By Patrick Lynn
City leaders will hold one final meeting on the Bus. 51 remodel prior to the completion of 30 percent of the design created by AECOM.
Mayor Mike Wiza announced in August that the city would hold another public input meeting on the proposed changes for Church and Division streets, which comprise the city’s portion of Bus. 51.
The meeting is scheduled for 6:30 p.m. on Thursday, October 6. It will be held in the SPASH auditorium, 1201 North Point Dr., and is expected to last about two hours.
Three specialists from the engineering firm AECOM and representatives from the city will be present to answer questions. Wiza also promised he’d have at least one representative from the Wisconsin Department of Transportation present, as well.
“We’ll have a short presentation of where we are in the design after talking with many of the business owners and residents along that corridor, and then we’ll have some time for questions and answers about where we can and cannot go from here,” Wiza said in a news release.
The Stevens Point City Council last week authorized an additional $16,000 to pay for the time of experts and updated materials for the Oct. 6 meeting.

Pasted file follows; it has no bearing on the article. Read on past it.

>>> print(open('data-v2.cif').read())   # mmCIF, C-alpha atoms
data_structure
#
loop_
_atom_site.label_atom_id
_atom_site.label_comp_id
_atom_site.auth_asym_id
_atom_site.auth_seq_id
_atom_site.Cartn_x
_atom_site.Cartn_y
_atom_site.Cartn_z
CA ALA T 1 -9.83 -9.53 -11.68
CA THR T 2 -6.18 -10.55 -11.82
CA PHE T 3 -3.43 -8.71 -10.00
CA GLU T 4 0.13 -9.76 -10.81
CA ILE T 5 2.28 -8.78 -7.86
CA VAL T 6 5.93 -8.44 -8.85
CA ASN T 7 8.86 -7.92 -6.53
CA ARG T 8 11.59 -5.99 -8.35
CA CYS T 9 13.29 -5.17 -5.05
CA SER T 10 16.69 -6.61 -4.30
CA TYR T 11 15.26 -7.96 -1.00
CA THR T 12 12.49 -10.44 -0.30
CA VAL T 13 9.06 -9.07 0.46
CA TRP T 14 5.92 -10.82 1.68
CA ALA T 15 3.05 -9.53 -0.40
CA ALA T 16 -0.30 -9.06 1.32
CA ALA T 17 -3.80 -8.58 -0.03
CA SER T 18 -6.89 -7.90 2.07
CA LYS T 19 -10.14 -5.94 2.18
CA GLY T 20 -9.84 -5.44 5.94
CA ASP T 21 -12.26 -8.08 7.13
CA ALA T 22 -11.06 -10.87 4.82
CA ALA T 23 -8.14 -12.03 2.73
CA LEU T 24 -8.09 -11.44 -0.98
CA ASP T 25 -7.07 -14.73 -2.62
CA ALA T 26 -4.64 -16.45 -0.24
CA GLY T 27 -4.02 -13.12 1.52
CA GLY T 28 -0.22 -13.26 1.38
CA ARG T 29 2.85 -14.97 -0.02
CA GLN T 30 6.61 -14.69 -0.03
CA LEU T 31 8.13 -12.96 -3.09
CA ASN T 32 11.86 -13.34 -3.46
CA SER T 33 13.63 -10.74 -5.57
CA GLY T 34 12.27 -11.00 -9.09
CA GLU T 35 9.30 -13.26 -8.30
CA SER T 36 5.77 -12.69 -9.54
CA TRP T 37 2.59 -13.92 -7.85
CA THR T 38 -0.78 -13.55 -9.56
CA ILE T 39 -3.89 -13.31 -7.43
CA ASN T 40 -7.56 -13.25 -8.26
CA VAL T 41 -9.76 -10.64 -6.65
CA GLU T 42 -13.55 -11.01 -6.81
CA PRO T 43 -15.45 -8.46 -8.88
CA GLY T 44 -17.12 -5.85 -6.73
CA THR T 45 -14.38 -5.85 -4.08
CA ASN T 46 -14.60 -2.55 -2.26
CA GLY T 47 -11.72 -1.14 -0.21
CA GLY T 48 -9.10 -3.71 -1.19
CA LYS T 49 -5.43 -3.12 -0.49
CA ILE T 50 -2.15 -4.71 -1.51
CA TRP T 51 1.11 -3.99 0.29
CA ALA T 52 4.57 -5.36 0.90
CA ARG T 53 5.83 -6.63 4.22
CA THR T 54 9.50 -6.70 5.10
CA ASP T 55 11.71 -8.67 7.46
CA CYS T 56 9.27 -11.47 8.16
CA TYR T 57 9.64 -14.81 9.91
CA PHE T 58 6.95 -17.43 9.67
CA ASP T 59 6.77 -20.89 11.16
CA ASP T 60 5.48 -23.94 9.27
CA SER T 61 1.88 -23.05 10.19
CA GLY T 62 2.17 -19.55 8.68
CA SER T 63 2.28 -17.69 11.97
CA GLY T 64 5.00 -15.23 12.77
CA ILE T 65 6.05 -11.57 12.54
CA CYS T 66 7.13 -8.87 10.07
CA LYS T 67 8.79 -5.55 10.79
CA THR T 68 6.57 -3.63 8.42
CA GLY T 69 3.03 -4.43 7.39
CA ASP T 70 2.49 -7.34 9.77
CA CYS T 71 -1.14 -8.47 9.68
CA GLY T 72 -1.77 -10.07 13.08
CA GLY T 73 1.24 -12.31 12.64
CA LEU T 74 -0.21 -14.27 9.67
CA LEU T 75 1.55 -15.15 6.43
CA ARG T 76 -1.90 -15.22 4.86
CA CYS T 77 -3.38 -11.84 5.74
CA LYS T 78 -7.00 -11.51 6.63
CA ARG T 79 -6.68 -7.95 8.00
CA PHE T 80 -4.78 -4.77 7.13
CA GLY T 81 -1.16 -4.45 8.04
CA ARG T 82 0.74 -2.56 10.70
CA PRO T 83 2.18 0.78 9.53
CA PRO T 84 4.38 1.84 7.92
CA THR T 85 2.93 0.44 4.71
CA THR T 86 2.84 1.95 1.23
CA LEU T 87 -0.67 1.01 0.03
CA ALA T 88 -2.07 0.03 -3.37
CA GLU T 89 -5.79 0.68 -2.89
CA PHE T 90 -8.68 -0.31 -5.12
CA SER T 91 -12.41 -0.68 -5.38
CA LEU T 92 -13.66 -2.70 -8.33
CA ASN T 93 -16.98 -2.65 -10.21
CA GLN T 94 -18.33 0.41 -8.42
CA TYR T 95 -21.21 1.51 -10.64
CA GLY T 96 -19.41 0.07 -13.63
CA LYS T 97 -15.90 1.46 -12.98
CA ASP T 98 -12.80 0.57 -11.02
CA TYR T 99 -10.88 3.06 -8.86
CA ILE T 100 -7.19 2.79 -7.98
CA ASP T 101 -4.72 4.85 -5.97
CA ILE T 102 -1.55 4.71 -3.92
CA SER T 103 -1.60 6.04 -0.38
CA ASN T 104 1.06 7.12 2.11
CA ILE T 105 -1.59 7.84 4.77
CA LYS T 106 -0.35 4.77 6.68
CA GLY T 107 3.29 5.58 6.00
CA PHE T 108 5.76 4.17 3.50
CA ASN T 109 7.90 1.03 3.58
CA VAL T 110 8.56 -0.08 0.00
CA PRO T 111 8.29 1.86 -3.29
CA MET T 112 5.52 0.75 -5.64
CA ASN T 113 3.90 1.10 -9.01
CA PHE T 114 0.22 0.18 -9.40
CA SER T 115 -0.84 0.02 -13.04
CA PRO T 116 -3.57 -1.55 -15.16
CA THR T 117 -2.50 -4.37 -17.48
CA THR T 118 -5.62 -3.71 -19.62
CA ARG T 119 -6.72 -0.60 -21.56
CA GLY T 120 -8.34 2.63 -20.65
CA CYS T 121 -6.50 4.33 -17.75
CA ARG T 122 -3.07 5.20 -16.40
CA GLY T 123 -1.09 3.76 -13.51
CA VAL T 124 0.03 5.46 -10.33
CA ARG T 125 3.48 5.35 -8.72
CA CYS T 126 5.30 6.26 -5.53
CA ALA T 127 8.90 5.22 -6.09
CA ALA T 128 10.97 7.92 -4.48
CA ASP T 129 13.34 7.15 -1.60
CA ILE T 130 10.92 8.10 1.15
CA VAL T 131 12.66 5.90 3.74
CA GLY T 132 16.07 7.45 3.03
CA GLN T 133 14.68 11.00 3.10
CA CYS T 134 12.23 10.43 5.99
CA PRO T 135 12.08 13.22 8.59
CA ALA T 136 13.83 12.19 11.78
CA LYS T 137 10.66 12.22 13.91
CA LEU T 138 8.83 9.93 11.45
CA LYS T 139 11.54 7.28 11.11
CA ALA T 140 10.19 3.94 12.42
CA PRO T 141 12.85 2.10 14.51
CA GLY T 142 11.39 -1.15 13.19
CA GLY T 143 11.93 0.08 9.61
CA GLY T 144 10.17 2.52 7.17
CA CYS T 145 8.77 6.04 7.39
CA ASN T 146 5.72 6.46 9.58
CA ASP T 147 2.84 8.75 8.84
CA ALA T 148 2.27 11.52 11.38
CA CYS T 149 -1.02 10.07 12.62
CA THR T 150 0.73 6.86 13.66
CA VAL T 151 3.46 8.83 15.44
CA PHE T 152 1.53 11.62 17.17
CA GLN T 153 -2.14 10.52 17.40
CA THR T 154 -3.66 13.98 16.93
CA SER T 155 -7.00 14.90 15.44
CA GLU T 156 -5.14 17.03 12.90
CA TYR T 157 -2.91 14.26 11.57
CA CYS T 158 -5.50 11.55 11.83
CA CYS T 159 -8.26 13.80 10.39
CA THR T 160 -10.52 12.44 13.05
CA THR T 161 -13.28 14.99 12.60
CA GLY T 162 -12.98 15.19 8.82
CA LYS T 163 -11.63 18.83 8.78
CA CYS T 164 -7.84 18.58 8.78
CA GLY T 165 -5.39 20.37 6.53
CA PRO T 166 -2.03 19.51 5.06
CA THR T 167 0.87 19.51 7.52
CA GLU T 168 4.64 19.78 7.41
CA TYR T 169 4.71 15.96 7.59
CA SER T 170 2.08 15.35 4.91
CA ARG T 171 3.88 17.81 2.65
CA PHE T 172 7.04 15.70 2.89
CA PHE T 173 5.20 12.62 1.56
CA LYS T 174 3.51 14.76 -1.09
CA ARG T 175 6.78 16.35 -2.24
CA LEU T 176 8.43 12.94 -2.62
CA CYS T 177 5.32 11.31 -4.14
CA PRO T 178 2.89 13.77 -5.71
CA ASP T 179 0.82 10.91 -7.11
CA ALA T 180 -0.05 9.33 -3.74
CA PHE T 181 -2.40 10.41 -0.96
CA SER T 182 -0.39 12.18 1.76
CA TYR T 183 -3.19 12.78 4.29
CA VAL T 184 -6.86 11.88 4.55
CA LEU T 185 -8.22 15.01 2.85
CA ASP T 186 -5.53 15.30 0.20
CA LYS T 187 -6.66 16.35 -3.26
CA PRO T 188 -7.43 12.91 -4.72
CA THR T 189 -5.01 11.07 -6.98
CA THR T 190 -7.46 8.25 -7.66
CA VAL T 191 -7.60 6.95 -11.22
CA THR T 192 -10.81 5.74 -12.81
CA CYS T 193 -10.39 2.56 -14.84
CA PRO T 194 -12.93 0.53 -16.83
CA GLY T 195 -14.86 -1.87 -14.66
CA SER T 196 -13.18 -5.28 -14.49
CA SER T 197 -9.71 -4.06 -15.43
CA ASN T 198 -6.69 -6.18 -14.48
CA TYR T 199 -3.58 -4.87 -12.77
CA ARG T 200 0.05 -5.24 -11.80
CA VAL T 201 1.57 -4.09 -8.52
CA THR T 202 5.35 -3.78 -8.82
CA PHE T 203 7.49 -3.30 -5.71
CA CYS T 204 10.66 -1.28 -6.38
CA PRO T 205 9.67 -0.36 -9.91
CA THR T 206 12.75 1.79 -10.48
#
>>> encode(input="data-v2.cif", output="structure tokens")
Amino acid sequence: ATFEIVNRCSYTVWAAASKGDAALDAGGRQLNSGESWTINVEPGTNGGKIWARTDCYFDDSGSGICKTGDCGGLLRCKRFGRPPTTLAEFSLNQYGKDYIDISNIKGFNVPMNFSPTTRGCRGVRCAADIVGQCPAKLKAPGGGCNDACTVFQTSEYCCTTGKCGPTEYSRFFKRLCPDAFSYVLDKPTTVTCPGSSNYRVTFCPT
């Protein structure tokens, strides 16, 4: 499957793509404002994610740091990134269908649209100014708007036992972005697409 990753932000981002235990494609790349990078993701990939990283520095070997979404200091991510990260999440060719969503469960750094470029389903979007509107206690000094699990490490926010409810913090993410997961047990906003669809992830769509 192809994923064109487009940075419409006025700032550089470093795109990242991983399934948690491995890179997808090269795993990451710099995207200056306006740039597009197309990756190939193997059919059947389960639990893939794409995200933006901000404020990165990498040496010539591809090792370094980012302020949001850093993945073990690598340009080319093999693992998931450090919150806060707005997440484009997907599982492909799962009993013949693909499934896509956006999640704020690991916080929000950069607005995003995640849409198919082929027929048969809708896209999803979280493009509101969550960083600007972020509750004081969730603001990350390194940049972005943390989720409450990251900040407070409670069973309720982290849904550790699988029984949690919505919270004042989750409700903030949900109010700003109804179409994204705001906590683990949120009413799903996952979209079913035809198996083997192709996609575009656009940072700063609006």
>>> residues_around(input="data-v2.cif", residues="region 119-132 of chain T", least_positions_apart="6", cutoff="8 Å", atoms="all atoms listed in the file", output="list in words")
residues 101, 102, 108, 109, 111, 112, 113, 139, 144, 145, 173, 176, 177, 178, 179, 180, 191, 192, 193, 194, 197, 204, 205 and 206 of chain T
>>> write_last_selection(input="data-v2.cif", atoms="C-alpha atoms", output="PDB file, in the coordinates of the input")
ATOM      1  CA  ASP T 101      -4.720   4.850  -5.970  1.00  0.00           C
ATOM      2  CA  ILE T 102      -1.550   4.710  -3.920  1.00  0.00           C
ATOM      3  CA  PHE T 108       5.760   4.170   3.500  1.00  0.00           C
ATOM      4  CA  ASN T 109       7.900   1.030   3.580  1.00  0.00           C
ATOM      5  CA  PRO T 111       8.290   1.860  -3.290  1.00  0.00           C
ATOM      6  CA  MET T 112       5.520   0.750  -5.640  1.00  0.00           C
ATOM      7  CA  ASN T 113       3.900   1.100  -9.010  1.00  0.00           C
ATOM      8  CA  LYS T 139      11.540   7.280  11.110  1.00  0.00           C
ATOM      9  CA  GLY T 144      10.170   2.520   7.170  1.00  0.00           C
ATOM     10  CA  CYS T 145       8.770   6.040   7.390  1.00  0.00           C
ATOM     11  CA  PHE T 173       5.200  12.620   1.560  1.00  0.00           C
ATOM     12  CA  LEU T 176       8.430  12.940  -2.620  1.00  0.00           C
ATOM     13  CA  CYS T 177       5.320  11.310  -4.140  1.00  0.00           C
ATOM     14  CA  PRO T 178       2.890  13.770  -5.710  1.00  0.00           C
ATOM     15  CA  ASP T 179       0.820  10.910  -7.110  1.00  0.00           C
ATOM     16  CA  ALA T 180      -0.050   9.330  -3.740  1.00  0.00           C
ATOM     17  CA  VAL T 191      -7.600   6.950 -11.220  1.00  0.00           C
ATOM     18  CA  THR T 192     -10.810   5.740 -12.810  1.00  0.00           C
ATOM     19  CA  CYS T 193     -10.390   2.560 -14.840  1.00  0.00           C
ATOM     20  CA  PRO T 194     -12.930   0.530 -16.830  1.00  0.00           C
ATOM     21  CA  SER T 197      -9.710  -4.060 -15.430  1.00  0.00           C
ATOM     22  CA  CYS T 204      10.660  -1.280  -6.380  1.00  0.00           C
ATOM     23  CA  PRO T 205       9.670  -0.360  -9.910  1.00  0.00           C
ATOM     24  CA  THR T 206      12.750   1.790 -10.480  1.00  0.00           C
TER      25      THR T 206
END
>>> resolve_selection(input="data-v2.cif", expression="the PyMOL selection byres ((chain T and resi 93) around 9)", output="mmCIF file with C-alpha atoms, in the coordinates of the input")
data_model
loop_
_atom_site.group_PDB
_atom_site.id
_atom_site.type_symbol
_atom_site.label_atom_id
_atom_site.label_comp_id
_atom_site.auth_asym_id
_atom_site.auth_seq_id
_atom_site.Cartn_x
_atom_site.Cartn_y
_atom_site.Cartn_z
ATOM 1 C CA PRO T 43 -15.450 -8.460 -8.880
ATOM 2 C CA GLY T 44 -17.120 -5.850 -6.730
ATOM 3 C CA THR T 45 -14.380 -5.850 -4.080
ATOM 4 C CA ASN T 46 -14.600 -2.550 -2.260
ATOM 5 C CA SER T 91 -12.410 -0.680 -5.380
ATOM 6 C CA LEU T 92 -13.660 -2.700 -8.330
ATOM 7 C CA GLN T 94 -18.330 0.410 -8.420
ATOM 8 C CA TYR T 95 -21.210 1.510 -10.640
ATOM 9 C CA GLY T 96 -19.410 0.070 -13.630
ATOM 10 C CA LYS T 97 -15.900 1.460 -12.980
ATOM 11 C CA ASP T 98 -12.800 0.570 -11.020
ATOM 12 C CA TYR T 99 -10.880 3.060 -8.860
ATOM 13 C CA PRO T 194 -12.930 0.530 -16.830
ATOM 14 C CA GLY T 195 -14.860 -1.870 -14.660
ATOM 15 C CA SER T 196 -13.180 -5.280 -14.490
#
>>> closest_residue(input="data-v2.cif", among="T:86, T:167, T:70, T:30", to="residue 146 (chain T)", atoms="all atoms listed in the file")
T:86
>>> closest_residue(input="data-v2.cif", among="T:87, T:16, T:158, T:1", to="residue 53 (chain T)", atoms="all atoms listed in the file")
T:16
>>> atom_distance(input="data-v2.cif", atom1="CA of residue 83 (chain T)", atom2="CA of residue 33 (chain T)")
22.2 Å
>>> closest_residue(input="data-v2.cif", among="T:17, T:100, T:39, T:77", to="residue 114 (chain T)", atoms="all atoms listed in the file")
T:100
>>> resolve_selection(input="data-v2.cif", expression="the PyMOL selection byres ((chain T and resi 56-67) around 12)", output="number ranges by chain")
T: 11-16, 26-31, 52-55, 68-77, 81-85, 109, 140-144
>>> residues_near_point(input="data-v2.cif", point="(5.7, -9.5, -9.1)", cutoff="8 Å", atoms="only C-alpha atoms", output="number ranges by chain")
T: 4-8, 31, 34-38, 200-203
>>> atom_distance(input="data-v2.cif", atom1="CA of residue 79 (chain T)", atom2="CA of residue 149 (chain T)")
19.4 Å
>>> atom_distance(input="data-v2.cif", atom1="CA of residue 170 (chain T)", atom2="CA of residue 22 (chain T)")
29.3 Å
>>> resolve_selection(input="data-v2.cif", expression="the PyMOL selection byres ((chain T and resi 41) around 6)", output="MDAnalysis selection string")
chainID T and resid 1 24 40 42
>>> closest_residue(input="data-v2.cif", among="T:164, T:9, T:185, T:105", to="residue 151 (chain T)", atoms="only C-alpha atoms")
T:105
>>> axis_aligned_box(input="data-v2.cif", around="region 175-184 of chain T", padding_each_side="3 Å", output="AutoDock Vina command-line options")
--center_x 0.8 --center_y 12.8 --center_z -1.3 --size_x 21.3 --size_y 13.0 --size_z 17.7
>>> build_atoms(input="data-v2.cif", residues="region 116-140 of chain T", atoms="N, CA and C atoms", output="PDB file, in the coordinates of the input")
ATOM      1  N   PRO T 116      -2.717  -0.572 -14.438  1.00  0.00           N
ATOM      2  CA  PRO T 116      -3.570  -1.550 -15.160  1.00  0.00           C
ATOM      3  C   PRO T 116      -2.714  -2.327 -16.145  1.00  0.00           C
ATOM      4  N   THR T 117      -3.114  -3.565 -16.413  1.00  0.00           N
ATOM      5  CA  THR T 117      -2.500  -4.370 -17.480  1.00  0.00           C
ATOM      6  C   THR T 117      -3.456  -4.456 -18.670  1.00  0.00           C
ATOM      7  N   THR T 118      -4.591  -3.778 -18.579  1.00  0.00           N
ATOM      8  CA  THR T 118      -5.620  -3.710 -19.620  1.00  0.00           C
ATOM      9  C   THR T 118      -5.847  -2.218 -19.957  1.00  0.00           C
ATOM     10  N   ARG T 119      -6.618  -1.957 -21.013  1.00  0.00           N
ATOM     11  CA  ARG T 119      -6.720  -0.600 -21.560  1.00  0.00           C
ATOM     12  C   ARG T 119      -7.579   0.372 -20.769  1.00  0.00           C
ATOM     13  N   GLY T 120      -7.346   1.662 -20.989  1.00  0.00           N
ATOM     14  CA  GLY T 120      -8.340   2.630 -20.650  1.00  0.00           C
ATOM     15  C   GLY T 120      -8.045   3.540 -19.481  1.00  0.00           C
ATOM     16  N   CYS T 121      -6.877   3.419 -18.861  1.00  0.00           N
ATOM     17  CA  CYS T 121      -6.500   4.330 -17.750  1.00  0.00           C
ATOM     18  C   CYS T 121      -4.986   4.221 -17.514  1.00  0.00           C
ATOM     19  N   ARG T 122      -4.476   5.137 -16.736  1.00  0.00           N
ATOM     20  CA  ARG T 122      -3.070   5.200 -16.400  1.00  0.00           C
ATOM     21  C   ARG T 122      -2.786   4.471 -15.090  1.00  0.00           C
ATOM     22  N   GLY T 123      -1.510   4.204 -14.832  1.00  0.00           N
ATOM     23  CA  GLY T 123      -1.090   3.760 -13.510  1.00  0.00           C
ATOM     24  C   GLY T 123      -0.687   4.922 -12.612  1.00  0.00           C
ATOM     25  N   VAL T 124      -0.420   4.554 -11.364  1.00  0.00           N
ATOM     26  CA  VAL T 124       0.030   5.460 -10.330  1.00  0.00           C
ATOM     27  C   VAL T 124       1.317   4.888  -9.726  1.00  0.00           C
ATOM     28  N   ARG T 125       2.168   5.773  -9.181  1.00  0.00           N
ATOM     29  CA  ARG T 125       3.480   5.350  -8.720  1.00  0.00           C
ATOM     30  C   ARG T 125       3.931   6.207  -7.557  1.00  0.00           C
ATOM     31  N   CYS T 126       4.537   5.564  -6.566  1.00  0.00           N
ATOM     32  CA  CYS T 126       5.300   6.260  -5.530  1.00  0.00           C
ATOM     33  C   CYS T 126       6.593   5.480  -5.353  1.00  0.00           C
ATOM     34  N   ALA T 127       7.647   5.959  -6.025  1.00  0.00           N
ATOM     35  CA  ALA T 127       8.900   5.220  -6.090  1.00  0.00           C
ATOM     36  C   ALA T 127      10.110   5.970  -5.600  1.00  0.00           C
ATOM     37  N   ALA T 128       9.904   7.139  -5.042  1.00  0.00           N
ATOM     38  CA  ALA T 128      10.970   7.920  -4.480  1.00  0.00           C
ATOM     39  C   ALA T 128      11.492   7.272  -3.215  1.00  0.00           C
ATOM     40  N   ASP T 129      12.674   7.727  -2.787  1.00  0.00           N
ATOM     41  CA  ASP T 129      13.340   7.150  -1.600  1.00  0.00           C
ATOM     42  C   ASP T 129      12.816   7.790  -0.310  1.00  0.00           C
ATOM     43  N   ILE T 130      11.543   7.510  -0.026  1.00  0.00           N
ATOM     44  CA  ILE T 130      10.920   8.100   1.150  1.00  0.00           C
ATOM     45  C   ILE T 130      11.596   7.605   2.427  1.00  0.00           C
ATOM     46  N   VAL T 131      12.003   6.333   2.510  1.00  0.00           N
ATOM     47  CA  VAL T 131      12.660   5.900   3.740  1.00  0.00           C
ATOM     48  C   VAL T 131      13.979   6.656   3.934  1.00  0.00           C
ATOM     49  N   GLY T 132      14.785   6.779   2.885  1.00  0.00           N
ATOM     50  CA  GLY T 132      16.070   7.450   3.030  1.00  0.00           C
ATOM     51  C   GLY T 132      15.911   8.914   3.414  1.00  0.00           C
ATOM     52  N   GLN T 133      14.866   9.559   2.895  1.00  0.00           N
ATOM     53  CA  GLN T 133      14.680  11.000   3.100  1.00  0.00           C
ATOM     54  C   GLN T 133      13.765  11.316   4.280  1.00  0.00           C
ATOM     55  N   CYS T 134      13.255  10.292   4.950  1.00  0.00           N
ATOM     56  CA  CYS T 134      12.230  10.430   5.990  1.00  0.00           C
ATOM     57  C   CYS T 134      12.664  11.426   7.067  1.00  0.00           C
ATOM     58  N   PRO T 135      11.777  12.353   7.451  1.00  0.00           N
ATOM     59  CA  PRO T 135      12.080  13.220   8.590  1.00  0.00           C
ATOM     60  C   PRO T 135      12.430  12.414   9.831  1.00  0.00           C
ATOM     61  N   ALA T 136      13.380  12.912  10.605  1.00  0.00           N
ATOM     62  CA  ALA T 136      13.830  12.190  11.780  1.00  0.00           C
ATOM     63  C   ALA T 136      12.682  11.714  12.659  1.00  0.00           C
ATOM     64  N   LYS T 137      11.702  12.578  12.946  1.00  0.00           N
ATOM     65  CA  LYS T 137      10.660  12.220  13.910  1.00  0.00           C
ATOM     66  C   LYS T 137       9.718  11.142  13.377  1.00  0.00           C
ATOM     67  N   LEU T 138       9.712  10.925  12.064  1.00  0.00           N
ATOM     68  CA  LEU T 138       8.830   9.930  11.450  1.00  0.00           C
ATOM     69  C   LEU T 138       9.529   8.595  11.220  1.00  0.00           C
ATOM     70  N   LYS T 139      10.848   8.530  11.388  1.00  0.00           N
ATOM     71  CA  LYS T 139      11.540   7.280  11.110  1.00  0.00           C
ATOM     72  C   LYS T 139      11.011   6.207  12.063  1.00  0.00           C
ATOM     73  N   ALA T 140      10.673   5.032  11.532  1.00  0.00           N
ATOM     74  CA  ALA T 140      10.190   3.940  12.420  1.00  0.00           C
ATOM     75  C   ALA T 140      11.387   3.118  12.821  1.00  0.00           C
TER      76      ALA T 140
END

Wiza said the city would be sending postcard invitations to the meeting to every property address in the city, and he planned to spread the word by radio, television, and other media formats.
In the villages of Whiting and Plover, Bus. 51 is known as Post Rd. and is still owned by the Wisconsin Department of Transportation. Those municipalities agreed to allow WisDOT to rebuild the road, and only then hand ownership over to the villages.
But in Stevens Point, the reconstruction project has been controversial since it was first introduced more than a decade ago under former Mayor Gary Wescott. Under Wescott’s successor, Mayor Andrew Halverson, the city went public with possible plans to acquire more than 70 properties along Bus. 51 in an effort to widen the roadway. Those plans were later scrapped as an unrealistic financial burden on the city.
Further options for the road created by Stevens Point-based engineering firm AECOM stirred controversy again, with some residents and business owners voicing concerns over plans for a lane reduction, center turn lanes, and the addition of bicycle lanes. The controversy grew to such an extent that local business owners circulated a petition forcing a referendum on the Aug. 9 ballot that many mistook as “the Business 51 referendum.”
The referendum requires future referenda votes for any public construction project in the city exceeding $1 million in capital expenses. The first such set of referenda will be on the November ballot and include two development projects that aren’t yet public. Wiza promised more details on those projects “soon.”